Many words of Mozarabic, Romani and Old Spanish origin occur in Andalusian which are not found in other dialects in Spain (but many of these may occur in South American and, especially, in Caribbean Spanish dialects due to the greater influence of Andalusian there). For example: chispenear instead of standard lloviznar or chispear ('to drizzle'), babucha instead of zapatilla ('slipper'), chavea instead of chaval ('kid') or antié for anteayer ('the day before yesterday'). A few words of Andalusi Arabic origin that have become archaisms or unknown in general Spanish can be found, together with multitude of sayings: e.g. haciendo morisquetas (from the word morisco, meaning pulling faces and gesticulating, historically associated with Muslim prayers). These can be found in older texts of Andalusi. There are some doublets of Arabic-Latinate synonyms with the Arabic form being more common in Andalusian like Andalusian alcoba for standard habitación or dormitorio ('bedroom') or alhaja for standard joya ('jewel').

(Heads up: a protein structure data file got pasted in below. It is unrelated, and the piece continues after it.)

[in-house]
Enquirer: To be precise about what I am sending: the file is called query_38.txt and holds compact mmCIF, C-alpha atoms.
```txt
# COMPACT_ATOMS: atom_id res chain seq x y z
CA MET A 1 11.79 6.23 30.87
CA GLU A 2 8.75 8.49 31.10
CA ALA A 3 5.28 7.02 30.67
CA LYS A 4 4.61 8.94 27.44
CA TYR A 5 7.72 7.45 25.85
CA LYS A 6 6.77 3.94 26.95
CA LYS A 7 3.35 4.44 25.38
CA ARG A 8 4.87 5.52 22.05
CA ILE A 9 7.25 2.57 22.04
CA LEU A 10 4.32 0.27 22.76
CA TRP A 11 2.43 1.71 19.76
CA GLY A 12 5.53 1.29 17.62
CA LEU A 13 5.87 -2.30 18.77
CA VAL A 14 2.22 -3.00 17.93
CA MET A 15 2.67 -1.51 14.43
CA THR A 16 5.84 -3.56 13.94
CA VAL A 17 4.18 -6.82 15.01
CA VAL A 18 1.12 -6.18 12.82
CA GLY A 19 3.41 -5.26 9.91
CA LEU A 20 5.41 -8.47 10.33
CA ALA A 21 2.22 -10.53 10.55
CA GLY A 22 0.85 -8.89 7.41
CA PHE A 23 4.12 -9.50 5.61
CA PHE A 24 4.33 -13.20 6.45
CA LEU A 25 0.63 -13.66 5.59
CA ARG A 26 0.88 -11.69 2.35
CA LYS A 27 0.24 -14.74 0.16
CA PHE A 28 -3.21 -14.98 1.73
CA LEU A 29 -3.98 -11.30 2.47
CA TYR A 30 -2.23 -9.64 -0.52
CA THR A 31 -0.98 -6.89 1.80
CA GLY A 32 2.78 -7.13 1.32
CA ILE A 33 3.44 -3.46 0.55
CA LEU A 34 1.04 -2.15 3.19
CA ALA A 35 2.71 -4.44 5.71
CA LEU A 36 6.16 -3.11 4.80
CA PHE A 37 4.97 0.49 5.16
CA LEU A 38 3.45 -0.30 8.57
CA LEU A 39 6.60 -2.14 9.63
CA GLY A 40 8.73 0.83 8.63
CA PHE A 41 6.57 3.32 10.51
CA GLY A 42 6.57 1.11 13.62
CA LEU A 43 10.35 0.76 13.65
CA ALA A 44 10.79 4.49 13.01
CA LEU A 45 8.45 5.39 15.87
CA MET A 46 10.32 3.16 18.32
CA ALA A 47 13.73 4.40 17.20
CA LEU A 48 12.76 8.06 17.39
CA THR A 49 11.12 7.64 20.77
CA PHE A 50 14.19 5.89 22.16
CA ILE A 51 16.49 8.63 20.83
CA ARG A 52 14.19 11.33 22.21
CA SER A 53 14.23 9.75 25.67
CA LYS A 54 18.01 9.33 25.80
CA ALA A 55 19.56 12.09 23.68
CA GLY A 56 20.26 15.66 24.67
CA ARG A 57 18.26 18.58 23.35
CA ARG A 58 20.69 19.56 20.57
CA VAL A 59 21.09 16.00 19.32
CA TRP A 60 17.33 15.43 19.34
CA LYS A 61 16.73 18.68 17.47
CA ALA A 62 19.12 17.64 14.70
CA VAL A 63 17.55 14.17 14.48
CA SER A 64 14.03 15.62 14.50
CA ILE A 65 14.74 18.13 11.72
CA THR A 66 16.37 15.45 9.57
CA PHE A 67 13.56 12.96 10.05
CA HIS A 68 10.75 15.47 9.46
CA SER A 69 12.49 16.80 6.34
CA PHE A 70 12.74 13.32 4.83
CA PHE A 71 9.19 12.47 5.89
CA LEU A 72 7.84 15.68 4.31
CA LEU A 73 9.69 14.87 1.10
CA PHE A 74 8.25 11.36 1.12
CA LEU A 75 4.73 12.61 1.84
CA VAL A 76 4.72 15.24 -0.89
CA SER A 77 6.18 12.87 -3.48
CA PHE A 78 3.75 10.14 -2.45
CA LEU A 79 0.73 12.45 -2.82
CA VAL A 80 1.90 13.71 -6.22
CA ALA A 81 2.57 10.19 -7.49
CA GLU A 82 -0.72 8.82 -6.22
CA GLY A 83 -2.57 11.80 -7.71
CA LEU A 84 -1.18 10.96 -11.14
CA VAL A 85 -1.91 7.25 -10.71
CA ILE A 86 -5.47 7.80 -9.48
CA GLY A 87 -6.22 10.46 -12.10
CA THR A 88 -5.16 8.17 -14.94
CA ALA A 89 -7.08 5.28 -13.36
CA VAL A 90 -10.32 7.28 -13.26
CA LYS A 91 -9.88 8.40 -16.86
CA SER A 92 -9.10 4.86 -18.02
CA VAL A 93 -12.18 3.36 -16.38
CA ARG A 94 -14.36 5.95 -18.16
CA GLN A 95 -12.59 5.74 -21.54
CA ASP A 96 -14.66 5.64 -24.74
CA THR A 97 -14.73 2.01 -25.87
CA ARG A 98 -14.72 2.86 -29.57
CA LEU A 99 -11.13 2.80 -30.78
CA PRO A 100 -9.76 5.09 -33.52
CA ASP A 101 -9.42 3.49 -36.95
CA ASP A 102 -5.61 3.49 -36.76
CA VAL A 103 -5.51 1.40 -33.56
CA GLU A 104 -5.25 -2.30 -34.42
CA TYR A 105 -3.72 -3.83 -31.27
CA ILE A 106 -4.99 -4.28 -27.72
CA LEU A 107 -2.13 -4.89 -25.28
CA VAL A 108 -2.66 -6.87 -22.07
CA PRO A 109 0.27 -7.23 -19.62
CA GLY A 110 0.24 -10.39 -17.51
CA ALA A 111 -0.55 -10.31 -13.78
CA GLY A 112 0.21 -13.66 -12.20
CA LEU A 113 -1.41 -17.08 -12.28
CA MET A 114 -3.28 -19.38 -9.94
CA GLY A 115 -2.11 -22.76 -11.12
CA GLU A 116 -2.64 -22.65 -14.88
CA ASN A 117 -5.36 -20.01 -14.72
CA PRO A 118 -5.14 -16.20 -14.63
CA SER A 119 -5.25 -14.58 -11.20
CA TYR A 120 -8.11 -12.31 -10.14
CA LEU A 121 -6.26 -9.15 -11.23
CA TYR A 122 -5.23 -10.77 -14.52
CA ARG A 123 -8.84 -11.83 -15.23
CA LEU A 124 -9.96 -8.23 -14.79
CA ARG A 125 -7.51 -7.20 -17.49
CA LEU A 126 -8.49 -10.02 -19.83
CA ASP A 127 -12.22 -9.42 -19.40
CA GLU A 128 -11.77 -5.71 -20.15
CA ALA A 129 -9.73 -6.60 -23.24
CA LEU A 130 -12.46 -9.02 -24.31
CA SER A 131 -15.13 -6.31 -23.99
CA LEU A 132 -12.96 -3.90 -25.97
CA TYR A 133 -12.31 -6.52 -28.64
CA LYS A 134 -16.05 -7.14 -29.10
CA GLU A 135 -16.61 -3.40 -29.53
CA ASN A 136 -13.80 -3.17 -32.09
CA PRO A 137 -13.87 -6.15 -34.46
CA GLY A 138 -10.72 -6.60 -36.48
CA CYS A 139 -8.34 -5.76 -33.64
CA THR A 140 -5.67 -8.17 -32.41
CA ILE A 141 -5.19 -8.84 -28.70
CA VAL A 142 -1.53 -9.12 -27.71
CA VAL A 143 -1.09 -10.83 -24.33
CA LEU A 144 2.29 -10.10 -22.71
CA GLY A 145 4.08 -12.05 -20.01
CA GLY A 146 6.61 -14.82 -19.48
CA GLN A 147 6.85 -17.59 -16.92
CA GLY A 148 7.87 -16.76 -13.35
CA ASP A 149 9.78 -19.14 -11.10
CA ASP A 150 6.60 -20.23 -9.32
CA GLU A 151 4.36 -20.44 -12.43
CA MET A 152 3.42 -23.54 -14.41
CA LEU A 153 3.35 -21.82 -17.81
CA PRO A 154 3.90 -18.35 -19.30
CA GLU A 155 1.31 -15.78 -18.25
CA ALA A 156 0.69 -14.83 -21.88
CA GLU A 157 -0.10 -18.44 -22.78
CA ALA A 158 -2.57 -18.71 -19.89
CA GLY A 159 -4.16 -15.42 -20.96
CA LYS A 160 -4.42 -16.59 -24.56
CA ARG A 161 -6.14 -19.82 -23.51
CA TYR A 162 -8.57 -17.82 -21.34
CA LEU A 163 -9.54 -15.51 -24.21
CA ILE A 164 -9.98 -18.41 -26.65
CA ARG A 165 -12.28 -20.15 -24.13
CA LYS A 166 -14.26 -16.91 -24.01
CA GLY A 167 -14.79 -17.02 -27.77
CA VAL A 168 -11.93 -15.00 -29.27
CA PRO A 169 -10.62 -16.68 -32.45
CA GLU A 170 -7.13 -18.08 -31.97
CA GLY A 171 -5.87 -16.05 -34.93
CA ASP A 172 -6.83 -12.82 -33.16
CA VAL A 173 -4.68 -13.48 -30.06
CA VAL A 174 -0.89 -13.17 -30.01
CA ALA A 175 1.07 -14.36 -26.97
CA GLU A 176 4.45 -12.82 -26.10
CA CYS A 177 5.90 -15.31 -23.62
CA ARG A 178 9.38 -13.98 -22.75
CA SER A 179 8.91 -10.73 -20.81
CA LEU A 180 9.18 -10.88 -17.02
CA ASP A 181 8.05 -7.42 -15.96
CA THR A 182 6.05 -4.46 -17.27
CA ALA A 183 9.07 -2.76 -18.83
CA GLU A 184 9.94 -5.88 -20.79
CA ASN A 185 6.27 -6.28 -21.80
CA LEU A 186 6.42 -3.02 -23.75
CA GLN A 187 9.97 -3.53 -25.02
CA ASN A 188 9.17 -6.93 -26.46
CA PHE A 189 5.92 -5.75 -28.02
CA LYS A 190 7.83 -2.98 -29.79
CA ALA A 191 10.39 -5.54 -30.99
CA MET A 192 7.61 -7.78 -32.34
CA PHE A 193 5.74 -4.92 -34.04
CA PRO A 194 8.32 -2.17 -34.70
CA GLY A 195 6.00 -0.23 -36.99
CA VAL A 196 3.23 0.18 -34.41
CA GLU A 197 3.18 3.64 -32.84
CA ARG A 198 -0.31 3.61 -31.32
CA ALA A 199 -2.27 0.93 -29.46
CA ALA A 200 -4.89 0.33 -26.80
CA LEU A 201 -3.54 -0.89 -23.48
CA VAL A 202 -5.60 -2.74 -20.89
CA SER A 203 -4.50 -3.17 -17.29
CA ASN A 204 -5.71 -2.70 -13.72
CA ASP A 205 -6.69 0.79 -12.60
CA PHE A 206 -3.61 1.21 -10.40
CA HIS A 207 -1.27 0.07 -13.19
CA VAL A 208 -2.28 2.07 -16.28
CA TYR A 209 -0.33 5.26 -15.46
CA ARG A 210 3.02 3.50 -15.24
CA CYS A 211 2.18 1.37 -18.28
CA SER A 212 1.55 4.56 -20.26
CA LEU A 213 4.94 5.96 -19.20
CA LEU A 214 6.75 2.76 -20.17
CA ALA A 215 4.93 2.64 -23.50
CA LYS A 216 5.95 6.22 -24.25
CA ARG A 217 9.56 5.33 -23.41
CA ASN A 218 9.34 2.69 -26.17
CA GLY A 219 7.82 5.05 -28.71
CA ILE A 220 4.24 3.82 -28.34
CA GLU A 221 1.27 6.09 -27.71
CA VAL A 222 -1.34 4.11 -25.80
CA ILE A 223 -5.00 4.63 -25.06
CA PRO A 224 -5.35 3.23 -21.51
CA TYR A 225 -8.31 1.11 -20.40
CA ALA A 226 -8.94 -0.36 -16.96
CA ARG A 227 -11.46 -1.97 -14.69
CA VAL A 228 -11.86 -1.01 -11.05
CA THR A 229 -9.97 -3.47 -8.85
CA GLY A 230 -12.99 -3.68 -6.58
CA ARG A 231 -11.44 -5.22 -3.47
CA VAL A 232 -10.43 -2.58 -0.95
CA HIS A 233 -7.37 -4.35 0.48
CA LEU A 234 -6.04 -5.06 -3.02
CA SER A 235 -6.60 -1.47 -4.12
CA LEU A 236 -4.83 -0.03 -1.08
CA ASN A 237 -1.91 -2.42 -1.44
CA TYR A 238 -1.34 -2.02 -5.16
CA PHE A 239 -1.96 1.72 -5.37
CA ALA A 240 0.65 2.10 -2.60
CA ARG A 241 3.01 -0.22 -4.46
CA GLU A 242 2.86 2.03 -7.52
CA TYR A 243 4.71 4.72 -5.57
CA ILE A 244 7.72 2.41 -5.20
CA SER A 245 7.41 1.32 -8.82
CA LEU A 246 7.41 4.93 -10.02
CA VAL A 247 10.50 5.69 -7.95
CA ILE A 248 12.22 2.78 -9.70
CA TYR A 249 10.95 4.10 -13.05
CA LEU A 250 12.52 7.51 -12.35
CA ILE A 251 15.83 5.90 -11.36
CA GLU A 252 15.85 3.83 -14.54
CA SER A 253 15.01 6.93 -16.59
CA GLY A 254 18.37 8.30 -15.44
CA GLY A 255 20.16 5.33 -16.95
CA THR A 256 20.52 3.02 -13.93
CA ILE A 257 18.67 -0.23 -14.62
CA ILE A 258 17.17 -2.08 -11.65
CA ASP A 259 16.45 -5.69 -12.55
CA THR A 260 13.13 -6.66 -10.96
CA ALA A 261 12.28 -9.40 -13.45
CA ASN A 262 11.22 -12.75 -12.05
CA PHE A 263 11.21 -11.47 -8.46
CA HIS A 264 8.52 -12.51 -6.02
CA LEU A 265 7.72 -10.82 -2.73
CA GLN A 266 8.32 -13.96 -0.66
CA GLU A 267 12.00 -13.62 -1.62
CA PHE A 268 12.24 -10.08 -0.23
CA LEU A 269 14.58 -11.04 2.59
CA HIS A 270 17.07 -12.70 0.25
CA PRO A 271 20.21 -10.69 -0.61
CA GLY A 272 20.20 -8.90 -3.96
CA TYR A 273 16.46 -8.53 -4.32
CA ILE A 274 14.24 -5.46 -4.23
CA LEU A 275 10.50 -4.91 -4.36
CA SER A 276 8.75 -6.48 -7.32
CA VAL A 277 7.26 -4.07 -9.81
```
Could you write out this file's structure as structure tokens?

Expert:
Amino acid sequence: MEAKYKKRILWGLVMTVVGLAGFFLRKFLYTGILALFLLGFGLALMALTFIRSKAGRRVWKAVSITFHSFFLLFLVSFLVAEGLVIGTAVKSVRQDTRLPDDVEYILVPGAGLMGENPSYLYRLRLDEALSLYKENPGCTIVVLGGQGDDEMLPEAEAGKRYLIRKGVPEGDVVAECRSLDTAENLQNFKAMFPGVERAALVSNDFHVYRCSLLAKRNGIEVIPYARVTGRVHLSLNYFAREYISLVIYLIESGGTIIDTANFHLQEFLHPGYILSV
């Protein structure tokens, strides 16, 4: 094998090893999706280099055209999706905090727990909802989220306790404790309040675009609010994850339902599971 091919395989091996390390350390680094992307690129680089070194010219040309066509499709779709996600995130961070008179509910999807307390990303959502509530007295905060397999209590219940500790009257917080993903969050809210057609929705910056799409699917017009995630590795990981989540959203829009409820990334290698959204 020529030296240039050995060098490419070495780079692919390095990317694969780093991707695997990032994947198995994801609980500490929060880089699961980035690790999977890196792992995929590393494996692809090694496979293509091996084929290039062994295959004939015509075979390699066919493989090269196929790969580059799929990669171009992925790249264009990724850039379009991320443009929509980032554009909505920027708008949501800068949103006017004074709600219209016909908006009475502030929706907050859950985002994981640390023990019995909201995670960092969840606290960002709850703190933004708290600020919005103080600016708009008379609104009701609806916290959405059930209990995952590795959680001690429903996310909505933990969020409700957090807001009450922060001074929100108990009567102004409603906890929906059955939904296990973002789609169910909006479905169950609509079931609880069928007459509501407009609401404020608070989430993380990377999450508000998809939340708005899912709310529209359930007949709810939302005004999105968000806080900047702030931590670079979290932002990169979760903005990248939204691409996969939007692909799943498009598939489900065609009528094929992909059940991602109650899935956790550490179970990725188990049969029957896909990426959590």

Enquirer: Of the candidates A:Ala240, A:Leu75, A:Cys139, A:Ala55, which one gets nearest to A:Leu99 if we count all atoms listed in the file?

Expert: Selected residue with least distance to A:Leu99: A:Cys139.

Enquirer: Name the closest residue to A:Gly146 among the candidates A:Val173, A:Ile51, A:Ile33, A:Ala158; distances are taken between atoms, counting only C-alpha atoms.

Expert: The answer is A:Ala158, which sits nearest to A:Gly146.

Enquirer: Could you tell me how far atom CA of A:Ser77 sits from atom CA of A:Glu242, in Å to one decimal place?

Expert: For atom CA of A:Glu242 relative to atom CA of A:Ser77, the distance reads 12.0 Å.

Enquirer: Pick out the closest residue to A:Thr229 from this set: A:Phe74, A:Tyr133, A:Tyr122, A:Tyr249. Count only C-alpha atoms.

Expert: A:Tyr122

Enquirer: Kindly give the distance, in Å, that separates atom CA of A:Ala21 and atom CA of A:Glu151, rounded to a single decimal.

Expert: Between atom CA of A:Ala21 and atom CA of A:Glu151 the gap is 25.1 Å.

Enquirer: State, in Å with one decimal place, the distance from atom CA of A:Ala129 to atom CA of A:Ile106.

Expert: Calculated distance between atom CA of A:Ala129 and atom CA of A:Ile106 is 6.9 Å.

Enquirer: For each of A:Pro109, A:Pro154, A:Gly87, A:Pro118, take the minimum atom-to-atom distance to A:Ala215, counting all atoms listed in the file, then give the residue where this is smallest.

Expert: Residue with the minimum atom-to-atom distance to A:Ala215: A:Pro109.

Some words pronounced in the Andalusian dialects have entered general Spanish with a specific meaning. One example is juerga, ("debauchery", or "partying"), the Andalusian pronunciation of huelga (originally "period without work", now "work strike"). The flamenco lexicon incorporates many Andalusisms, for example, cantaor, tocaor, and bailaor, which are examples of the dropped "d"; in standard spelling these would be cantador, tocador, and bailador, while the same terms in more general Spanish may be cantante, músico, and bailarín. Note that, when referring to the flamenco terms, the correct spelling drops the "d"; a flamenco cantaor is written this way, not cantador. In other cases, the dropped "d" may be used in standard Spanish for terms closely associated with Andalusian culture. For example, pescaíto frito ("little fried fish") is a popular dish in Andalusia, and this spelling is used in many parts of Spain when referring to this dish. For general usage, the spelling would be pescadito frito.